When we talk about a public inquiry, as the opposition parties have insisted upon, I think it's important that we reflect on the fact that we have these great mechanisms that have already been put in place—that I just mentioned—that are there to ensure that we have the ability to make sure our elections are done in a free and transparent way and that things are kept in the hands they belong.
I think it's also important to reflect on the more holistic discussion that we're having today: that the last election was decided by Canadians, and by Canadians only. The suggestion, as I know the official opposition would like to lead you to believe, is that there was interference that changed the result of the last election. From all of the intelligence reports and from any questions that have been answered at this committee, that is not the case, full stop.
This isn't to say that we don't worry and shouldn't always be worried about what is going on as it relates to the public domain in terms of interference. I know that attempts at interference have been going on for a long time in one form or another, and we know this happens in other countries too. As a matter of fact, by the nature of democracies being open, they give the opportunity for attempts at interference. That's why it's incumbent upon us as parliamentarians to ensure that we put the right processes in place to allow for the necessary steps to be taken when it is determined that interference is potential or ongoing.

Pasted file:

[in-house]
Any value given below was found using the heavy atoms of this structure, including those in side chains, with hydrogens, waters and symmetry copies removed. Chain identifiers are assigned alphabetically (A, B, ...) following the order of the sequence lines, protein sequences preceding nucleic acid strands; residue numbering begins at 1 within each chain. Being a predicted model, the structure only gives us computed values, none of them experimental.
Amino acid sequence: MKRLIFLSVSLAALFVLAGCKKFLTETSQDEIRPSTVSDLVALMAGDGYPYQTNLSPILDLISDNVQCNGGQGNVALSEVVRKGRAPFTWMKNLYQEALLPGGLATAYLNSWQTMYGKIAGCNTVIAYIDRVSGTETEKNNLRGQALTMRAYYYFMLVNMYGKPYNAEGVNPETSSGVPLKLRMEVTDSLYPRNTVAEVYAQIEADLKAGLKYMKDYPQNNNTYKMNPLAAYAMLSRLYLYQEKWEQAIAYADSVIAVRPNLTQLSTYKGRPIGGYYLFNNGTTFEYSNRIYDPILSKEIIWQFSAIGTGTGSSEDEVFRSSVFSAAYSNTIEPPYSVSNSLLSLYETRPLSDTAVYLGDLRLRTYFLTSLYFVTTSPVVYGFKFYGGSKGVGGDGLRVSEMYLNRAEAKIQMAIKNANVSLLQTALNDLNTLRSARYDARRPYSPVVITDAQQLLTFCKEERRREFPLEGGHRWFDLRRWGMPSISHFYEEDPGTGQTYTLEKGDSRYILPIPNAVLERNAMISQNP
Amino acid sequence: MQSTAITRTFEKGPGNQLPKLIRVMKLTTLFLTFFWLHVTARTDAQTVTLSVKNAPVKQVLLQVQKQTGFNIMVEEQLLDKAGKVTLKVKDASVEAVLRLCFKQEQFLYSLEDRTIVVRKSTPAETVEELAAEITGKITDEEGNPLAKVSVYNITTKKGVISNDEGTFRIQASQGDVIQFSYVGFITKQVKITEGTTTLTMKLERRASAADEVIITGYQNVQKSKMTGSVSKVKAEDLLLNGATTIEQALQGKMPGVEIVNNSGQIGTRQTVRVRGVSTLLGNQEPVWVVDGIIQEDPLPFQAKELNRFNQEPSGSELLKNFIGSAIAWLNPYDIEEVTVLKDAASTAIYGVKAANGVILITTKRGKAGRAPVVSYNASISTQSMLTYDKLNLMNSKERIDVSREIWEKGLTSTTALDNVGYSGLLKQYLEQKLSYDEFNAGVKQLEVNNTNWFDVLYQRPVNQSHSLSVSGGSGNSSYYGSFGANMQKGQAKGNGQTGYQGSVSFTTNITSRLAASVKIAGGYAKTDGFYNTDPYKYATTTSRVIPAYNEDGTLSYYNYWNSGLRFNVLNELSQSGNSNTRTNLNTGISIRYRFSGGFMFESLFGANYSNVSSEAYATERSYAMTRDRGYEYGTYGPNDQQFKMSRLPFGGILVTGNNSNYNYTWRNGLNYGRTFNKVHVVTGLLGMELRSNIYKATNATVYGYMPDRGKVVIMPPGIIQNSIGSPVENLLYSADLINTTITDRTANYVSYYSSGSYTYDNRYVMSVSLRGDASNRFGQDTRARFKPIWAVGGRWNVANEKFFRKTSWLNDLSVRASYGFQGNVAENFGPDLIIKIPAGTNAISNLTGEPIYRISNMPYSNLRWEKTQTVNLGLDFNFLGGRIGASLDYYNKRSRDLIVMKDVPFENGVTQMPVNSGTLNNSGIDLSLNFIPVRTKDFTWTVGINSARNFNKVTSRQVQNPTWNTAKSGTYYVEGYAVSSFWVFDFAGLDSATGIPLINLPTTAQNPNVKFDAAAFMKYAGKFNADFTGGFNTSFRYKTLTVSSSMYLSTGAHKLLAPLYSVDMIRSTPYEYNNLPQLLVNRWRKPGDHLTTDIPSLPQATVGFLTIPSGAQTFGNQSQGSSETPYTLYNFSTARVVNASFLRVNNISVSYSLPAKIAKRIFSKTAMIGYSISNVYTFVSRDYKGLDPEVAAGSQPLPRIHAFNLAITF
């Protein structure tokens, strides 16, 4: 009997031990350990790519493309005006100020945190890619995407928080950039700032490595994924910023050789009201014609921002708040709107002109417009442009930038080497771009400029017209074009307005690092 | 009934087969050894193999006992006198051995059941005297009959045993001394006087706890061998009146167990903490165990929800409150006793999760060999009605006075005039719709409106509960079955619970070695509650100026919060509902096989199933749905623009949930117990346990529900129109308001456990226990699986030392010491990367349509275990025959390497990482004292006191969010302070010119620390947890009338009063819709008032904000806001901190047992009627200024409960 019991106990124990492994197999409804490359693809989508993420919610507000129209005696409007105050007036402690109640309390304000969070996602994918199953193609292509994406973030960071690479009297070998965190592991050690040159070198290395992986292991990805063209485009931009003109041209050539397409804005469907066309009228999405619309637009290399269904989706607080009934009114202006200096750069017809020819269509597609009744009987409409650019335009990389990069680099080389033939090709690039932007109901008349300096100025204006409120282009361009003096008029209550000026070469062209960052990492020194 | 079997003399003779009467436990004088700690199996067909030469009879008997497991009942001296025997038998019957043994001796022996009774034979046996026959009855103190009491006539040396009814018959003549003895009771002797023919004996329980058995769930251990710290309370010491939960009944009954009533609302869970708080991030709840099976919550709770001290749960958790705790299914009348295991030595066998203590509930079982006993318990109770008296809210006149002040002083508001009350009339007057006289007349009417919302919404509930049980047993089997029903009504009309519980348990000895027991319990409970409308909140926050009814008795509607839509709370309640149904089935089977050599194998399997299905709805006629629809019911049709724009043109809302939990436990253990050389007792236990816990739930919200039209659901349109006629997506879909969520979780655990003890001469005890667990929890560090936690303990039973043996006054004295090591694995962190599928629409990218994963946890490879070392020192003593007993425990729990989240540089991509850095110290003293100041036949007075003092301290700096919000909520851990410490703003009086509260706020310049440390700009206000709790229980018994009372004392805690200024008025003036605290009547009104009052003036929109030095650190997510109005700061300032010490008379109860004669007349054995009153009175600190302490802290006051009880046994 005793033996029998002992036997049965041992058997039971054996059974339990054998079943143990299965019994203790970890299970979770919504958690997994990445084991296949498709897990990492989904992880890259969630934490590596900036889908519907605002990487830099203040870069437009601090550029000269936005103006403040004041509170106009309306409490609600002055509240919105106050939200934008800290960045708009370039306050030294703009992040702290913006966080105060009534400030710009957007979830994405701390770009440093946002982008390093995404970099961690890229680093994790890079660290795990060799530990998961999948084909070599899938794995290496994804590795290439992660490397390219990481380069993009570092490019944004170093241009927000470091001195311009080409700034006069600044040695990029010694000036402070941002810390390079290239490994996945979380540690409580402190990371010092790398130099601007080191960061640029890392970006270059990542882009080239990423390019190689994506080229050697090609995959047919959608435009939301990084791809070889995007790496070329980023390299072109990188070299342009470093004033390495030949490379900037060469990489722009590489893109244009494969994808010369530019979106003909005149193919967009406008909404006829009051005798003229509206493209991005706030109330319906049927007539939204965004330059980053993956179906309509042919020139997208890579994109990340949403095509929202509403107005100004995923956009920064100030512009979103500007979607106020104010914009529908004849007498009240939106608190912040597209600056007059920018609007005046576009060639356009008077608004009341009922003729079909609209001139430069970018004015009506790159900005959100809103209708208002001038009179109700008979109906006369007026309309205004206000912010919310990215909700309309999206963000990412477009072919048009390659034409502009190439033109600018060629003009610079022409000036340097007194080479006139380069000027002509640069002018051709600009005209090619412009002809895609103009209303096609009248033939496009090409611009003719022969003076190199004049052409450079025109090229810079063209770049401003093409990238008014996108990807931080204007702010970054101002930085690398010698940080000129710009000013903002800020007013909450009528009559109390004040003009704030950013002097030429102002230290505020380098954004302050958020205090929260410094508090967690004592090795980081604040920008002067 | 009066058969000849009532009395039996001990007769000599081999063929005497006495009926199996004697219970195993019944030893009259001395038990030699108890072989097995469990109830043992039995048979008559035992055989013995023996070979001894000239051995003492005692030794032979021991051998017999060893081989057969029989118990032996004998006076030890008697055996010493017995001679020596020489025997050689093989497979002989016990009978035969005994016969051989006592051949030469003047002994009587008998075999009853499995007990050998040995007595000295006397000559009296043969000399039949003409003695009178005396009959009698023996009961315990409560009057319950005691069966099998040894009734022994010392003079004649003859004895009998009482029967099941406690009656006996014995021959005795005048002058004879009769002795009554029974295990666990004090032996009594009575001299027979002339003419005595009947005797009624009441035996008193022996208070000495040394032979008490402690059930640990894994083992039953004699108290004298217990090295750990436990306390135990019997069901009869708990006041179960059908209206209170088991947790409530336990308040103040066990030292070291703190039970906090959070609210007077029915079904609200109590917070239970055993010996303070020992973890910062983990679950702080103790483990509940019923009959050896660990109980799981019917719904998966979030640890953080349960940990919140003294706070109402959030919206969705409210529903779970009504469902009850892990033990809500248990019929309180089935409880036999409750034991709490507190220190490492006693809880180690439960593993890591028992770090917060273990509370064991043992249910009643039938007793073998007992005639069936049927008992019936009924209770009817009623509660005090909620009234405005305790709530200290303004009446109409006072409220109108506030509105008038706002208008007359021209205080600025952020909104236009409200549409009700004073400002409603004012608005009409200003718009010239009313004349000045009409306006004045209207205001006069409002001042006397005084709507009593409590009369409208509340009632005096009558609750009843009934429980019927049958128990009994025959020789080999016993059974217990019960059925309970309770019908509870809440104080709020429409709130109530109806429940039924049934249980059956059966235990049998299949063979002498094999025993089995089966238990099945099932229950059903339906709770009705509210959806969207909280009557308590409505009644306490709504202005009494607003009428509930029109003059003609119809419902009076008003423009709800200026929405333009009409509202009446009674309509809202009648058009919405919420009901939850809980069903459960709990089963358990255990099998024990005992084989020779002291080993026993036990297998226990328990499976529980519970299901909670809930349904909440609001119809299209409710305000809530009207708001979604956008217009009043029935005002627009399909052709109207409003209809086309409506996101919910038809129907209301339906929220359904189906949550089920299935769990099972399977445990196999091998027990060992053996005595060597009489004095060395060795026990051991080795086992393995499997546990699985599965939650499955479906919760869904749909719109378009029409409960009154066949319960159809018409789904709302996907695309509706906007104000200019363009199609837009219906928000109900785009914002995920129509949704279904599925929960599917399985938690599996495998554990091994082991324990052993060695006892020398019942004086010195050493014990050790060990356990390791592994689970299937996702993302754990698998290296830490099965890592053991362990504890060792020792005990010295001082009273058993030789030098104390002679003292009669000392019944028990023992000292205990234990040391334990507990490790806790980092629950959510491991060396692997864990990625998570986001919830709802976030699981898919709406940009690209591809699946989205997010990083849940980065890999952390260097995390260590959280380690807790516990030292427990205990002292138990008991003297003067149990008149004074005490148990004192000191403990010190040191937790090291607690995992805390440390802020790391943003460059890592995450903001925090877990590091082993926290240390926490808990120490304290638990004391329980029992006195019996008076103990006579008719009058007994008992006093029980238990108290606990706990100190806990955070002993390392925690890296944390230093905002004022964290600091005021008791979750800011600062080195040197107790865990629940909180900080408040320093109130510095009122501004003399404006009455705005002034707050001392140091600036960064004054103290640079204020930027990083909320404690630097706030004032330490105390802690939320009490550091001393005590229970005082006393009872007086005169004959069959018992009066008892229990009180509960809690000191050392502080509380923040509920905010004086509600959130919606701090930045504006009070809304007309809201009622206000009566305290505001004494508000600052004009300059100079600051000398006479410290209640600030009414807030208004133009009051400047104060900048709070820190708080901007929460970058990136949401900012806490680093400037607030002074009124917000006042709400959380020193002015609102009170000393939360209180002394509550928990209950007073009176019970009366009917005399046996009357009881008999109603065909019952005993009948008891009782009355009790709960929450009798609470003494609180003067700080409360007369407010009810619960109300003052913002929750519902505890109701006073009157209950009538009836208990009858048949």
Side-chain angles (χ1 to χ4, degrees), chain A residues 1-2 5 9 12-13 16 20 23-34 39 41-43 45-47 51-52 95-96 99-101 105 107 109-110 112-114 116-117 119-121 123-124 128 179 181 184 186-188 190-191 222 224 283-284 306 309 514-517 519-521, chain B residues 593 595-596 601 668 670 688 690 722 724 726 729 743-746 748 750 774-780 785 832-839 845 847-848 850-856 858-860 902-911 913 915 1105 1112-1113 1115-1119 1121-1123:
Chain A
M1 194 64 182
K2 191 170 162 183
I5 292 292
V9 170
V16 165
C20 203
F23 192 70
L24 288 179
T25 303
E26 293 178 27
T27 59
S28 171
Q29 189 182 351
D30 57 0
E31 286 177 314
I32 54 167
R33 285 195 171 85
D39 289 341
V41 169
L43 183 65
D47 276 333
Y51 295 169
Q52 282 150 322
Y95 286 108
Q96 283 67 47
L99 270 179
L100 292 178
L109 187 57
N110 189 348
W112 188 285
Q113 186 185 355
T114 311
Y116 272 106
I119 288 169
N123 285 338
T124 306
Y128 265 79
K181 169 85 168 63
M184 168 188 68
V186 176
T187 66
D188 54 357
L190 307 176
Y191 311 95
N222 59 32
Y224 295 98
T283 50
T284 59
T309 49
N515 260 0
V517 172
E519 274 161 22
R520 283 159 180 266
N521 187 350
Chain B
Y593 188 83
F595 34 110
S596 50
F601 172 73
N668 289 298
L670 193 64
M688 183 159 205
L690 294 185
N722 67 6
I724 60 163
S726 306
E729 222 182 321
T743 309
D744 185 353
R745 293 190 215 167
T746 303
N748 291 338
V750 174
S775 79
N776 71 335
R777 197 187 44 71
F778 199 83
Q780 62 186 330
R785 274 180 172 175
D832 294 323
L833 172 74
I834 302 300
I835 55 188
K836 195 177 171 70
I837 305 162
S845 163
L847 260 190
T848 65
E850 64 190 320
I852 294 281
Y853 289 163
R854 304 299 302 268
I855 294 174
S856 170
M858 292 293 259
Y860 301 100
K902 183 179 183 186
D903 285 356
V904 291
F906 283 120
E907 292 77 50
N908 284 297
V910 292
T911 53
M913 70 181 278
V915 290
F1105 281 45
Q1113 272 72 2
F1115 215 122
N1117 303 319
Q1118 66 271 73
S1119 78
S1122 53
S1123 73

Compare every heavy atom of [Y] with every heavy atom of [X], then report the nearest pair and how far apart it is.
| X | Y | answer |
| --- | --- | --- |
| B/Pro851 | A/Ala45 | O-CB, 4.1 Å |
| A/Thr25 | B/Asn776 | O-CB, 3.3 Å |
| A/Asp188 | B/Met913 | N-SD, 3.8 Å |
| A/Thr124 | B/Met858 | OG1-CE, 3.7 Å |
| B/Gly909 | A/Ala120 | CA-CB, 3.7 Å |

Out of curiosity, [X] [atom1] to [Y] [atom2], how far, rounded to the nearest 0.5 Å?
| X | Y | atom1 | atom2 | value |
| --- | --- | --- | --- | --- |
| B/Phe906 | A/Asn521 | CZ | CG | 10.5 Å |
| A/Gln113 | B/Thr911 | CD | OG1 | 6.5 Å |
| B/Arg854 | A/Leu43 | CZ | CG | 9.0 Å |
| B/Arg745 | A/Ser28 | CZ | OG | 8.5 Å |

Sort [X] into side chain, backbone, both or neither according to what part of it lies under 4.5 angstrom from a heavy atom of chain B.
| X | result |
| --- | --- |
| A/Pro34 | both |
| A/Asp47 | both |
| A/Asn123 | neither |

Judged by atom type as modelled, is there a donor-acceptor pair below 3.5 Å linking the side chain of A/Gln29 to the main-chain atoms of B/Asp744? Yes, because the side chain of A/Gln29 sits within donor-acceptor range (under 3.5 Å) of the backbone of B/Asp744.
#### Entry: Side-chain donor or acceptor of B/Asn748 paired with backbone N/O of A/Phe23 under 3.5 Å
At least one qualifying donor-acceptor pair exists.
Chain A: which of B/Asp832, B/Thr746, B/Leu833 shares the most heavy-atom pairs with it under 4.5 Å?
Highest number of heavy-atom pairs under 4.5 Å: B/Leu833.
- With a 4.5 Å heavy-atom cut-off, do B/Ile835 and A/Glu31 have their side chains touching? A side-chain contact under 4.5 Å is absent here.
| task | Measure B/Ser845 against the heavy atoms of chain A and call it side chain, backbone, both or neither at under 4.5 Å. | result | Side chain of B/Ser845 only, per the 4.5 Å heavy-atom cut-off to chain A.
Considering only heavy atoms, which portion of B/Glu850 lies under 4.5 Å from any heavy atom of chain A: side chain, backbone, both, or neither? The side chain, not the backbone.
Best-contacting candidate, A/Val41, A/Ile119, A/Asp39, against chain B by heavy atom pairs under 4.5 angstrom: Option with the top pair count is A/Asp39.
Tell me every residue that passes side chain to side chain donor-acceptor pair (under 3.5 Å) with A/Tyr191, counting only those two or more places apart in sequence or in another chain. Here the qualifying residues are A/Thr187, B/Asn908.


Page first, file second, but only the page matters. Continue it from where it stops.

Let's not forget that the objective of foreign actors, when they look to interfere in our democracy, is to sow division. What they're trying to do, what they want to see, are the discussions that are going on right now in this committee. They benefit from it. They want Canadians to question their democracy. They want Canadians to stop and think about whether outside forces are interfering in their elections. Those actors become more powerful when we become less confident and less trusting in our systems, and in particular our democracy.
That's why I've always maintained that it is very important that issues like this are done in a non-partisan way. I know I'm the first to jump up in the House and aggressively display my partisanship from time to time. I get that. I know that. It's who I am. I also respect the fact that....
Are you concerned, Madam Chair, because you don't believe that? News flash: I'm partisan from time to time.